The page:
Prof Tom Shippey has an interesting argument about this in his book The Road To Middle-earth. He notes that the effect we're left with is something quite like the situation in the traditional tales with were part of Tolkien's inspiration. Shippey's idea (as I understand it) is not that Tolkien created this effect deliberately, but that he might not be displeased that this is what we are in fact left with. Stories such as Sir Gawain, Shippey points out, have passed through many minds, tongues and pens: so multiple and sometimes contradictory versions exist. Plot details and character motives (stated or implied) can move around. Shippey has an example involving a story of Brunhilde; but I have lent the book, and don't remember the details (and similarly, if I have mis-presented Prof Shippey's idea because of having to do this from memory, please do chip in & say so, if you know more!)

As an example I know better, I can offer you Tam Lin, a story from the English-Scots borders, which is known in multiple versions (Childs alone collected 14 variants). Sadly, I can't now find a web page which tabulates a lot of these. But here is a flavour of the "usual" plot and its variations. I think it will provide a good example to compare with the Tolkien situation.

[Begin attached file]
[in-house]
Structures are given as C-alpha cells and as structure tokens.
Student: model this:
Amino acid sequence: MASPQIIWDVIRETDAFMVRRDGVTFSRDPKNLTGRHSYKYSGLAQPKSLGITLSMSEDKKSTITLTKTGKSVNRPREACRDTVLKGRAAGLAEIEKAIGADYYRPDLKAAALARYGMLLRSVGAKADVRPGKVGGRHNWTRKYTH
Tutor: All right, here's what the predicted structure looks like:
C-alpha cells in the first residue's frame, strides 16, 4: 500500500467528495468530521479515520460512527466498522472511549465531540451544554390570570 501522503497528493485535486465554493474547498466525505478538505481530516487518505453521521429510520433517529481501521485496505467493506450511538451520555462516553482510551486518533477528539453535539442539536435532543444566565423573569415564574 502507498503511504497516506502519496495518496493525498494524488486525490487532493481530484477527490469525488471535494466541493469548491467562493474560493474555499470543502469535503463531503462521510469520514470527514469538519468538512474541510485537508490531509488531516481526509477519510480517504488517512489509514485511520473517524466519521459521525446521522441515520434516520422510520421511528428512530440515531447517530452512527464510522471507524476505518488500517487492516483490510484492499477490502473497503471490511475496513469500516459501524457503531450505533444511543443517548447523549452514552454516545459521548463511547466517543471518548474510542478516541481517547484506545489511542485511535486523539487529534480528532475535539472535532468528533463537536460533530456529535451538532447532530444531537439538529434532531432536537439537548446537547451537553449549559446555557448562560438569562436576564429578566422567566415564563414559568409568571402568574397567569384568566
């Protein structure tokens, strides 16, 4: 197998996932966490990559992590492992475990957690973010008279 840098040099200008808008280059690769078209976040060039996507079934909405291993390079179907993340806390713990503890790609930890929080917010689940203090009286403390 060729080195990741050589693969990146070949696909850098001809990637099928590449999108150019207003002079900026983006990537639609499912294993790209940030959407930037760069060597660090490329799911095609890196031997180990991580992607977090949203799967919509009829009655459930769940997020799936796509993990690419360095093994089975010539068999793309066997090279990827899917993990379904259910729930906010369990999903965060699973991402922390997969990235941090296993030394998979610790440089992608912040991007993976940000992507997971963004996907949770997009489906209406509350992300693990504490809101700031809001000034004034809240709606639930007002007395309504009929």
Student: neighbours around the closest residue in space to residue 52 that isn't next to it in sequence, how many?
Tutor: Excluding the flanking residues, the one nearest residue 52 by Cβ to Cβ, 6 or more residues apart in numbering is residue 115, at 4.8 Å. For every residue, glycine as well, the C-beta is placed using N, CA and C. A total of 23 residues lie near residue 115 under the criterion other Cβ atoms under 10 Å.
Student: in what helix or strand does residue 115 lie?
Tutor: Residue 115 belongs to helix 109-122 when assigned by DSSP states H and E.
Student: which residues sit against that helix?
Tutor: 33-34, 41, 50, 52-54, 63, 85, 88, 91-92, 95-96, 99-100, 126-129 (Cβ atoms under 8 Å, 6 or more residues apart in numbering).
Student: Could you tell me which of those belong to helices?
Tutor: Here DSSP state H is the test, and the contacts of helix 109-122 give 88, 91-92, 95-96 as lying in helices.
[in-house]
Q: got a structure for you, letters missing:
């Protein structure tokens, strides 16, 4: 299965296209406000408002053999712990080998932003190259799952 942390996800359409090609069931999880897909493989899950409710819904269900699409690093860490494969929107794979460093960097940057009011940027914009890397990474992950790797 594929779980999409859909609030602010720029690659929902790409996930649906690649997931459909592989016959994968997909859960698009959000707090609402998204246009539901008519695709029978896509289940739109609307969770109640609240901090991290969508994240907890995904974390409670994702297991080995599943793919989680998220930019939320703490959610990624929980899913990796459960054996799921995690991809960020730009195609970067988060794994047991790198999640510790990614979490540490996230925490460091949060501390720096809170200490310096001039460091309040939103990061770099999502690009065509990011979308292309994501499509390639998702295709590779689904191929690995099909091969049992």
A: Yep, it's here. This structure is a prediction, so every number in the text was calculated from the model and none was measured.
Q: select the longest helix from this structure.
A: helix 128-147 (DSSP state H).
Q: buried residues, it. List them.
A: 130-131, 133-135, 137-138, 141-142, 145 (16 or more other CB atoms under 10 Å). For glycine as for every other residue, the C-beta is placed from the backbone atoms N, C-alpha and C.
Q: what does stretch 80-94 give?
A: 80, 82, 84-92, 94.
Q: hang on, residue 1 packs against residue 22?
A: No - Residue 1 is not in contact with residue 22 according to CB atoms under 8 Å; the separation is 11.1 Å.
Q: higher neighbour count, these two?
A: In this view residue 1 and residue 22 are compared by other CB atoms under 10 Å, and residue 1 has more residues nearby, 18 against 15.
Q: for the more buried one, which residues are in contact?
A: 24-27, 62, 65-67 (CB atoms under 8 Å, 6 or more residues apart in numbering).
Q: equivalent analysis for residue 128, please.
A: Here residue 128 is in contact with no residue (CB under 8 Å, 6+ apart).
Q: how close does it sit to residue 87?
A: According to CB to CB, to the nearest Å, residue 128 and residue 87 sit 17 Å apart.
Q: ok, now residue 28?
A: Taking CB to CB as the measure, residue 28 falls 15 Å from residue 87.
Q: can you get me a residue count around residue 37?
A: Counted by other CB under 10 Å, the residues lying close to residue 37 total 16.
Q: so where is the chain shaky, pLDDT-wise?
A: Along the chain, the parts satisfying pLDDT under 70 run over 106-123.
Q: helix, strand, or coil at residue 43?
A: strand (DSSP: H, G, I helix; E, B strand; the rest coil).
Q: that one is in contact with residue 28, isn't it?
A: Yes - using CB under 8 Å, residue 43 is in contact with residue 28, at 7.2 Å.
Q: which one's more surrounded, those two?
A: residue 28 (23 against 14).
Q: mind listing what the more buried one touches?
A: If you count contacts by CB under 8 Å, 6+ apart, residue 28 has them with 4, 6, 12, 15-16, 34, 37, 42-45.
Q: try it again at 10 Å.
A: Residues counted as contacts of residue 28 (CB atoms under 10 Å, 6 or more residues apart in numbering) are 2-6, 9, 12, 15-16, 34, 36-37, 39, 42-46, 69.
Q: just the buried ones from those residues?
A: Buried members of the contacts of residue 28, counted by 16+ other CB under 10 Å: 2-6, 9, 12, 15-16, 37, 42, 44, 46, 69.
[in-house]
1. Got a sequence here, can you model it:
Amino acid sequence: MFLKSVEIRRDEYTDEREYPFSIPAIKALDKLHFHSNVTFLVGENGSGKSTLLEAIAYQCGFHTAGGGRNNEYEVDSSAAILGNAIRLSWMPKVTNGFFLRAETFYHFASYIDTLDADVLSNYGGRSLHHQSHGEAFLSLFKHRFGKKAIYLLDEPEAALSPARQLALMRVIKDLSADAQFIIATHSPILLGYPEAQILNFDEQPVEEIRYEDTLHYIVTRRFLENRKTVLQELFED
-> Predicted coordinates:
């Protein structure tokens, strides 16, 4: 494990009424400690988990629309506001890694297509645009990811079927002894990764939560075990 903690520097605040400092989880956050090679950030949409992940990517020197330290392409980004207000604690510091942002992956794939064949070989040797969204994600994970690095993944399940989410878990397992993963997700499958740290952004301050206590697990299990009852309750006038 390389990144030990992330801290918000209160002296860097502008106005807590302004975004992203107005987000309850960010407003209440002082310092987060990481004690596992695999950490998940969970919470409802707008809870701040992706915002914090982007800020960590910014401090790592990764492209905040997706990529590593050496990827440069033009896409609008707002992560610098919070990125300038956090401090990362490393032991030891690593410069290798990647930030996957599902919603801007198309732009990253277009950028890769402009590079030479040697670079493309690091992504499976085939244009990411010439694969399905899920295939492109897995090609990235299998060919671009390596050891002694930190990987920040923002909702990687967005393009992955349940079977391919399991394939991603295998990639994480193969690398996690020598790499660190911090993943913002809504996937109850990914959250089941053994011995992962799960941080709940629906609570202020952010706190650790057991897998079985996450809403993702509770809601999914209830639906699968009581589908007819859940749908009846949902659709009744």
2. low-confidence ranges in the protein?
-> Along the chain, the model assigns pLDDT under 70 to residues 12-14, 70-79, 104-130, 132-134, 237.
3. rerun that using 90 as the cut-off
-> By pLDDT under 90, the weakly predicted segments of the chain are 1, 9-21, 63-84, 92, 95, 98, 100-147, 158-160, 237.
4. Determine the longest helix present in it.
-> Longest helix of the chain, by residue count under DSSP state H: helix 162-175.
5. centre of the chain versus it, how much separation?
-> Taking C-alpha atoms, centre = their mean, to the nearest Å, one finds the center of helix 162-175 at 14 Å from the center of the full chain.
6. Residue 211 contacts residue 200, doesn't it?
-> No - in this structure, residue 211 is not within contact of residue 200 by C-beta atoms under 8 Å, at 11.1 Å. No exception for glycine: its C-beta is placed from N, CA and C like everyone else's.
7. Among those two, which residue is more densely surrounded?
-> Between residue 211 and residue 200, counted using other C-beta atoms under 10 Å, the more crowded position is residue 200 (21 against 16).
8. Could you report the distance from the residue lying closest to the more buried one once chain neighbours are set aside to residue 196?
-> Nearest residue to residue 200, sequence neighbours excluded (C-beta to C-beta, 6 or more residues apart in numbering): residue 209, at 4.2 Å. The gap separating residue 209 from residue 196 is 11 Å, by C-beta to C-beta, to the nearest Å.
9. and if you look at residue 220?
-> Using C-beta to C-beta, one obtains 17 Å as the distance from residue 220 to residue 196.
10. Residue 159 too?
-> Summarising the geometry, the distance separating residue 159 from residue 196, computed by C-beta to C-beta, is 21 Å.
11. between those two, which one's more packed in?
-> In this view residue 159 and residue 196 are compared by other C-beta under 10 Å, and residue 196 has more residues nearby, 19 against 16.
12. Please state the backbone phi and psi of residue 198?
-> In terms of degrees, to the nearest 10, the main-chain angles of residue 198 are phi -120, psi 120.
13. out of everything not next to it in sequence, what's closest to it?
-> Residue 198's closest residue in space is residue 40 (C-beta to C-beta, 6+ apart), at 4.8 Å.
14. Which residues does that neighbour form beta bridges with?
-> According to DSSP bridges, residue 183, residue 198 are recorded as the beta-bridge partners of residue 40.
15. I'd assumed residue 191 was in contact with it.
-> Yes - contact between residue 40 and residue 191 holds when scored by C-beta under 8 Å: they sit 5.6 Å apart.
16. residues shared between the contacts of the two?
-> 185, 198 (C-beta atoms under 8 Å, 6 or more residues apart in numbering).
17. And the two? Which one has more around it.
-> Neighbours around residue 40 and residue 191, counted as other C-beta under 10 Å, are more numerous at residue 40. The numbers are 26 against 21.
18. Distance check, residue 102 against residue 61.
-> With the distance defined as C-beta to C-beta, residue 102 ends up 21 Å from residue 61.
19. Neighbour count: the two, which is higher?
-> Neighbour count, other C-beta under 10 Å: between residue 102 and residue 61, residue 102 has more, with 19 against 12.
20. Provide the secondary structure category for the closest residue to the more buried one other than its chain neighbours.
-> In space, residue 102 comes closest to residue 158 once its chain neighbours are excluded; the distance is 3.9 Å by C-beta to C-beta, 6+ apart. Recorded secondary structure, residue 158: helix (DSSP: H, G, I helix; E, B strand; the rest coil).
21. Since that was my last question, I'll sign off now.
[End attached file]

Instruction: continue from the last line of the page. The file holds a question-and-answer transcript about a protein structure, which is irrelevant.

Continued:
So - Tam Lin and his variants:


Core: Janet, a noble maiden, is warned not to visit Carter-haugh, because the faeries are occupying it, and exacting tribute from any visitors. But Janet says that this land is hers by right and goes there.
Variants: Different details of what the tribute might be, and whether it is possibly going to be (or very likely to be) her virginity. Some versions have Janet acting in ways that are likely to be provoking to the faeries (wearing green, plucking plants, plucking a rose specifically). The audience can gather different inferences about whether Janet is a foolish girl to ignore sensible anti-faery precautions, or is doing these things as a deliberate challenge.

Core: Tam Lin appears, and takes Janet to Faerie. On her return, she discovers she is pregnant.
Variants: various inferences as to whether Janet has been abducted and raped, or whether she and Tam are willing lovers.

Core: At Janet's castle, folk are aghast at Janet's pregnancy. She sets out again to Carter-haugh